In addition to enterprises, WiFi6 and 5G will change their roles in the future. Due to their fast speed, high bandwidth and other characteristics, they are also quietly changing the Internet of Things. With the launch of 5G and WiFi6 in 2019, IoT devices will be designed to send more information with less energy consumption. These technologies can keep devices online or connected all the time. Various types of devices may also start to use SIM cards or embedded SIM cards to enable cellular functionality, which will change the current trend of WiFi devices.

        Both WiFi6 and 5G have adopted scheduling methods to make resources more deterministic, which is also of great significance for mission critical IoT assets used in automated manufacturing, medical, energy and other industries. WiFi6 wireless access points will increase support for other radio technologies in the future (such as Bluetooth and Zigbee). These access points will become more powerful IoT gateways, and even become useful wireless sensors to help track and manage devices.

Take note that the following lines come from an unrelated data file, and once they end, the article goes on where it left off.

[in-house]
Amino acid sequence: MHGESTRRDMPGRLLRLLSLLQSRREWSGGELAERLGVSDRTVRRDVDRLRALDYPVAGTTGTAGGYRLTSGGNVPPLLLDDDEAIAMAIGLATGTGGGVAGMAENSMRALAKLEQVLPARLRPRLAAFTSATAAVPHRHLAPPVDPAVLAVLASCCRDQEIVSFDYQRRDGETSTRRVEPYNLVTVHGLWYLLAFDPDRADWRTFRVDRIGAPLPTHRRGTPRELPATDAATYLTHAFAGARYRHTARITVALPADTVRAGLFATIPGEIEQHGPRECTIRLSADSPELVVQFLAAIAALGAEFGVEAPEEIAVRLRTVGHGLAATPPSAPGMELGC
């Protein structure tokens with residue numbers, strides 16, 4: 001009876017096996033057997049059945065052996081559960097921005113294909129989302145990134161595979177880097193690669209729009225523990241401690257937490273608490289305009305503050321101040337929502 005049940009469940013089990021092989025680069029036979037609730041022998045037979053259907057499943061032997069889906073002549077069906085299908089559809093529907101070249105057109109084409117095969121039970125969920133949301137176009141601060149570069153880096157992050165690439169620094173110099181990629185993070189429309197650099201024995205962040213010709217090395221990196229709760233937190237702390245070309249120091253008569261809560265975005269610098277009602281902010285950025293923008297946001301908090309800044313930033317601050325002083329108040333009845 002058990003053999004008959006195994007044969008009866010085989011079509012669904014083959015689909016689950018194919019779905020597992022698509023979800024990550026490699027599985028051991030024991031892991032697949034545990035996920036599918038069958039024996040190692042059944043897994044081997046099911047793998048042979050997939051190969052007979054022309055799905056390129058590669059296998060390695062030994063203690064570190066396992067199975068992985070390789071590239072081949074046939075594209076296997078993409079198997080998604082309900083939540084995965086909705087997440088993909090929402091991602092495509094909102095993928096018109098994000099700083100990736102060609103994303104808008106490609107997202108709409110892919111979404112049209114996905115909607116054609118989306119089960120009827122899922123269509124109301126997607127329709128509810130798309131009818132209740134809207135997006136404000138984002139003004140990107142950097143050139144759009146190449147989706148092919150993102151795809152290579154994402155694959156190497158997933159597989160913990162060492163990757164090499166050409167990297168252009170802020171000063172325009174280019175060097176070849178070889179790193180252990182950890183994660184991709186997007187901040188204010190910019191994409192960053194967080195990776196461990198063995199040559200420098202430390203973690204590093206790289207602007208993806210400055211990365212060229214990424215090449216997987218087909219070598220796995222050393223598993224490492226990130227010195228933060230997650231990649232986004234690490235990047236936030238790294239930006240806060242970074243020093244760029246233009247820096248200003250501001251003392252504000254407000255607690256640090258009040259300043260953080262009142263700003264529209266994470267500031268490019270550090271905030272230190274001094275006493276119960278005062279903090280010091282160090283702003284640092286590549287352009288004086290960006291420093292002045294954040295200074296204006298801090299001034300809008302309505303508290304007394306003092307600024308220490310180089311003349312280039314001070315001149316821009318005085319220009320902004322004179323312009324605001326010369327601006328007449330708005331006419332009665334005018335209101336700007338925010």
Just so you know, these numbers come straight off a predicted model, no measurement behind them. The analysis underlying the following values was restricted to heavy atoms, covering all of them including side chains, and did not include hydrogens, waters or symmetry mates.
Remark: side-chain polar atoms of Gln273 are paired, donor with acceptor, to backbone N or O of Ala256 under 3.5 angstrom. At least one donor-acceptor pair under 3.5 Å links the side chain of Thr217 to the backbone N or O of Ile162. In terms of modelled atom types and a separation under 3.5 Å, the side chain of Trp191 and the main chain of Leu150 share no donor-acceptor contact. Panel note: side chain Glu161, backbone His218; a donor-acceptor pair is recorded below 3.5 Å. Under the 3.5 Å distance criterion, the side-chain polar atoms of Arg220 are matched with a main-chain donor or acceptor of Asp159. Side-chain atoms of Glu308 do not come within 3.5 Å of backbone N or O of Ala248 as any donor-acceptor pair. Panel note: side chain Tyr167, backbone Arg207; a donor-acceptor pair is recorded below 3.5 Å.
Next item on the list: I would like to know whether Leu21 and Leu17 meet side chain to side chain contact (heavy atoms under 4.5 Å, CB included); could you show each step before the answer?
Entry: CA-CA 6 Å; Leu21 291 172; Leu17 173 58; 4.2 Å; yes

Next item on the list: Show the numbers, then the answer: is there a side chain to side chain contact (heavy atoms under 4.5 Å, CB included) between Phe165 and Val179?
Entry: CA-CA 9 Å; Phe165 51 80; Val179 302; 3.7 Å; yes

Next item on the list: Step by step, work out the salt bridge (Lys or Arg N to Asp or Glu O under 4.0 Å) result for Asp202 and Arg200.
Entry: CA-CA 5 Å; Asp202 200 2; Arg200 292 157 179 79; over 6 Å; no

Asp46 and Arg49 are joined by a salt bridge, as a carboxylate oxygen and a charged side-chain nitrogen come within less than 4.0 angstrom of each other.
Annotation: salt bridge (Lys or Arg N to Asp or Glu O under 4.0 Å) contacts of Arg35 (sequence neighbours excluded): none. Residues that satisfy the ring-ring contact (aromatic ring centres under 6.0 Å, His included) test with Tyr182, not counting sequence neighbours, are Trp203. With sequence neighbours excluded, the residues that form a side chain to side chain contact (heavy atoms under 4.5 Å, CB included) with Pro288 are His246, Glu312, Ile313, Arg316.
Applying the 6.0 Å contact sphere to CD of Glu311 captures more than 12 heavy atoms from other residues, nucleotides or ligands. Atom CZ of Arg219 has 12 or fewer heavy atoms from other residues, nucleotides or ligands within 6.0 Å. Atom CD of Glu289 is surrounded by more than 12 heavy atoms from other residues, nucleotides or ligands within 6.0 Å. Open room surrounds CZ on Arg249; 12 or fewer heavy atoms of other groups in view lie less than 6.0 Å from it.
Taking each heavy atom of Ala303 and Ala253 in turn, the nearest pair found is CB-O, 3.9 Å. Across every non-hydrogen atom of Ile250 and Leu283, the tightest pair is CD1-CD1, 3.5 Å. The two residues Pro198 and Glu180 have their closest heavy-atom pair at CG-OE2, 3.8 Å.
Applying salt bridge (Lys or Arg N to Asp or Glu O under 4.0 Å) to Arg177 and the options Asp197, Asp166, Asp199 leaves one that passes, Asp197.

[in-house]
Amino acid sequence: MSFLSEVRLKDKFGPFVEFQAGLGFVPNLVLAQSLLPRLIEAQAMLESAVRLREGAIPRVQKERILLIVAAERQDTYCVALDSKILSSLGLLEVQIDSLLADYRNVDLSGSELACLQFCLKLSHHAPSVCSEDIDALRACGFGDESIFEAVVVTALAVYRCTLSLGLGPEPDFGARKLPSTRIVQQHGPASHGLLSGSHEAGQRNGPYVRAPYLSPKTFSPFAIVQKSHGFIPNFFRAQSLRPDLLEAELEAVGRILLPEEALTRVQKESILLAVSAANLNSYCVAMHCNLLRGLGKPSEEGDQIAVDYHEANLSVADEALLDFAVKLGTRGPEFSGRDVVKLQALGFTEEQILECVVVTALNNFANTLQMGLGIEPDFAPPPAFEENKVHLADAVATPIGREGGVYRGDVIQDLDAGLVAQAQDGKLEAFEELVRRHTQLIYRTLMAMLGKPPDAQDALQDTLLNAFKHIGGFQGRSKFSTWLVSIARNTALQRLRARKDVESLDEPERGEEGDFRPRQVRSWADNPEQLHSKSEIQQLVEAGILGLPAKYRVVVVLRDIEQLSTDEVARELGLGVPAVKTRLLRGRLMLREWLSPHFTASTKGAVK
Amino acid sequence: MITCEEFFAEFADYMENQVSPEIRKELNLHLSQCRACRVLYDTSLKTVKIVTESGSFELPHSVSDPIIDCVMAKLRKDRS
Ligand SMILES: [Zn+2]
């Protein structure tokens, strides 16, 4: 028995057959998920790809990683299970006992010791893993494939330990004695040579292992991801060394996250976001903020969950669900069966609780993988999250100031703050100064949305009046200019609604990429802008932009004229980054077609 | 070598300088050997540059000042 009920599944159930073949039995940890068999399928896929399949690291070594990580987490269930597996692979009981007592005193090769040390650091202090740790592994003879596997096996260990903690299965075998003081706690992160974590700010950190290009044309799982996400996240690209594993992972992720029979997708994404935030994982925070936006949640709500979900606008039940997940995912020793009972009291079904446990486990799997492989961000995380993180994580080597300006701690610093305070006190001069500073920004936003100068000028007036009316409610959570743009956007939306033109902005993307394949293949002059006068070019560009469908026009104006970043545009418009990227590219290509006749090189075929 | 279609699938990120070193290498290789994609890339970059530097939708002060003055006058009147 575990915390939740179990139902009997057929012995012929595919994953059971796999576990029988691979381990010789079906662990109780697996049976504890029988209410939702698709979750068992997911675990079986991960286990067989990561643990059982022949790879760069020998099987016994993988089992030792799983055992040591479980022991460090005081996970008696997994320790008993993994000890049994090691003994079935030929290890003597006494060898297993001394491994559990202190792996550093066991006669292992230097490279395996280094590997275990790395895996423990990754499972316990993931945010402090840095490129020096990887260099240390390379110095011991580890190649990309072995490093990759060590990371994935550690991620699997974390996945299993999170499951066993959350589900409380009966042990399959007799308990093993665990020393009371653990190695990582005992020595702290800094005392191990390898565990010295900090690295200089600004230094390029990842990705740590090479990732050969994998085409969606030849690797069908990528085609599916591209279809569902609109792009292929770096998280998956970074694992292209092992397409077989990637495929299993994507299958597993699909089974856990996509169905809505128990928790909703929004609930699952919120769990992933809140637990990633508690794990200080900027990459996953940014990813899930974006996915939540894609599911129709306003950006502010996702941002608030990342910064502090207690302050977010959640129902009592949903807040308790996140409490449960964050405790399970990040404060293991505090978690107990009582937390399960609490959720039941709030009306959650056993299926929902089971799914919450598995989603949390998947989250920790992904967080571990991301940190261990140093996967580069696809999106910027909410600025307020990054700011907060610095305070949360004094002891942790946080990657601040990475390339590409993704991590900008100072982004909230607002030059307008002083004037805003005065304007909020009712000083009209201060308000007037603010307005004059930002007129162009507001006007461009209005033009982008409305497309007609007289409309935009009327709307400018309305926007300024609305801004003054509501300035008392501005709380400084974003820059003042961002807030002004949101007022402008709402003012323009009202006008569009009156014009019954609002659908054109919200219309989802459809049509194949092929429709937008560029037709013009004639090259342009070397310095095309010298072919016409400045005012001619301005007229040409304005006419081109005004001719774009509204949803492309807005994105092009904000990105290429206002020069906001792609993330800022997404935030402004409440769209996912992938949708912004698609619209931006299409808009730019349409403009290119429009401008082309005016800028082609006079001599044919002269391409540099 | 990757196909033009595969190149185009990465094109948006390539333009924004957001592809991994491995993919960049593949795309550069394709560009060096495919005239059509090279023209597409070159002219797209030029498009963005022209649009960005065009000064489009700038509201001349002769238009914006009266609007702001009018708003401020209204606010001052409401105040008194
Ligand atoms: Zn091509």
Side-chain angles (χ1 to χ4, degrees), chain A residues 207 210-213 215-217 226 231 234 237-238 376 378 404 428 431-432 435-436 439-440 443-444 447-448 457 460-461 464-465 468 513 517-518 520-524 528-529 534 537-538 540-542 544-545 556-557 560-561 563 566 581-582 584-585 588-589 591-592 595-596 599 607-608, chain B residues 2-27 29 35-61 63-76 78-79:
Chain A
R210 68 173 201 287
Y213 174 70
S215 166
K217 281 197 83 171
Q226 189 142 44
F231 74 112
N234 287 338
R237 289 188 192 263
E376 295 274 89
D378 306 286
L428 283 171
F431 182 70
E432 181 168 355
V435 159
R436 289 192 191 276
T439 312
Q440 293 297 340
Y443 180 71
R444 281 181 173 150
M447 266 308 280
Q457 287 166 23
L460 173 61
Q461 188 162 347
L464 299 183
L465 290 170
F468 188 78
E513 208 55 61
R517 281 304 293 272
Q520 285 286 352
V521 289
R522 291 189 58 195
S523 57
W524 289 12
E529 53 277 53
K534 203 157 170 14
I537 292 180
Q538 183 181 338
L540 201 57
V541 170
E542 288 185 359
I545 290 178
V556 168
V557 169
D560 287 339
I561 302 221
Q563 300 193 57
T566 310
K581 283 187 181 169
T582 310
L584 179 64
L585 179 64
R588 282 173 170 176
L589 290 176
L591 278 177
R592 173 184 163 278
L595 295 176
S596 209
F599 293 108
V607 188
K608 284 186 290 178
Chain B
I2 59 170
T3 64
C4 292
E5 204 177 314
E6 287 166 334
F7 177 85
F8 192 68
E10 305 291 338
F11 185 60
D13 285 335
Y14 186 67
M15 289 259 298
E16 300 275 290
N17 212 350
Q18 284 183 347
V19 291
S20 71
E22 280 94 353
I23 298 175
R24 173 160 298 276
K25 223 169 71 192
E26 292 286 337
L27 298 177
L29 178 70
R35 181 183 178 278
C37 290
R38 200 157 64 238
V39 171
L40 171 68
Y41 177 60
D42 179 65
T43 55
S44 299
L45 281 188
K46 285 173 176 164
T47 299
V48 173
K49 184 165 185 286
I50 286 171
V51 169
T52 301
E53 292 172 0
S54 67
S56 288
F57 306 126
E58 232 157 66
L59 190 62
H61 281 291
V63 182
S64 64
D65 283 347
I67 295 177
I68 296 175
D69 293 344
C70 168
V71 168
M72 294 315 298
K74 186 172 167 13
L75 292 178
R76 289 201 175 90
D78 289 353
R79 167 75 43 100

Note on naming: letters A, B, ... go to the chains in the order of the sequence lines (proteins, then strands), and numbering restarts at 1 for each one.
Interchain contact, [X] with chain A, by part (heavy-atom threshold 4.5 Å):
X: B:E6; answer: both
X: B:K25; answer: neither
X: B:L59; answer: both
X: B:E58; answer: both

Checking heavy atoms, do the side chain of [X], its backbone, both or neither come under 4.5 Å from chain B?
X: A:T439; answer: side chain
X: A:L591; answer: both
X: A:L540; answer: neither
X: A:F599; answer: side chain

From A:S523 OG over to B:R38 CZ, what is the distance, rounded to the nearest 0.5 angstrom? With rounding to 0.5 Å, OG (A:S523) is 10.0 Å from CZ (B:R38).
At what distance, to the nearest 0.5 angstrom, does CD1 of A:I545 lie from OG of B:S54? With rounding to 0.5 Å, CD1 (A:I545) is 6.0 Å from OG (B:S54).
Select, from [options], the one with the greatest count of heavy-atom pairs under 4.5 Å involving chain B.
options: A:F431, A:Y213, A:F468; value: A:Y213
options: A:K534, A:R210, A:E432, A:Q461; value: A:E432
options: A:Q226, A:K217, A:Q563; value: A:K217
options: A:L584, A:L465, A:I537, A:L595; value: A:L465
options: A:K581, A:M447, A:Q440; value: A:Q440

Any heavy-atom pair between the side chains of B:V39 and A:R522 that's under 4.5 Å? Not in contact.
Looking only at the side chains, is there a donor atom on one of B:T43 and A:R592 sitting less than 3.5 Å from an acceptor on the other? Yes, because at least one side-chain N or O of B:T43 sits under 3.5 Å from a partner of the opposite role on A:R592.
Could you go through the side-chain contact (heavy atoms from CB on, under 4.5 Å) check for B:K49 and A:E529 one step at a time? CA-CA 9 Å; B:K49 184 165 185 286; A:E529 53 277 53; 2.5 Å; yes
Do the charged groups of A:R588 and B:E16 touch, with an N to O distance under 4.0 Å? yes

It is noteworthy that, as an extension of LTE technology (and the subsequent 5G technology), CBRS (Citizen Broadband Radio Service) is said to be a complementary technology of WiFi6 for providing wireless connectivity inside buildings. In the United States, CBRS uses a frequency band within the 3.5Ghz range that is not used by WiFi or existing LTE/5G services, so it is unlikely to be interfered by devices accessed by ordinary consumers. Soon, some initial CBRS functions will be commercialized. For robots and other devices that need stable wireless and mobile connectivity, CBRS will become an ideal complement to WiFi6.

        Of course, compared with WiFi6, 5G technology also has its own advantages. For enterprise IT, in an area where WiFi is not an ideal choice, 5G will be a revolutionary technology. For example, if hundreds or even thousands of IoT devices need wireless connectivity, WiFi6 will be a necessary wireless technology for connecting IoT devices in the buildings owned by enterprises. When the Internet of Things is transferred to an area outside the enterprise building, the sensor can still use 5G as the wireless transmission mode to obtain a connection with sufficient speed and reliability.

        5G and WiFi6 make IoT devices "live" and change the way we use IoT devices.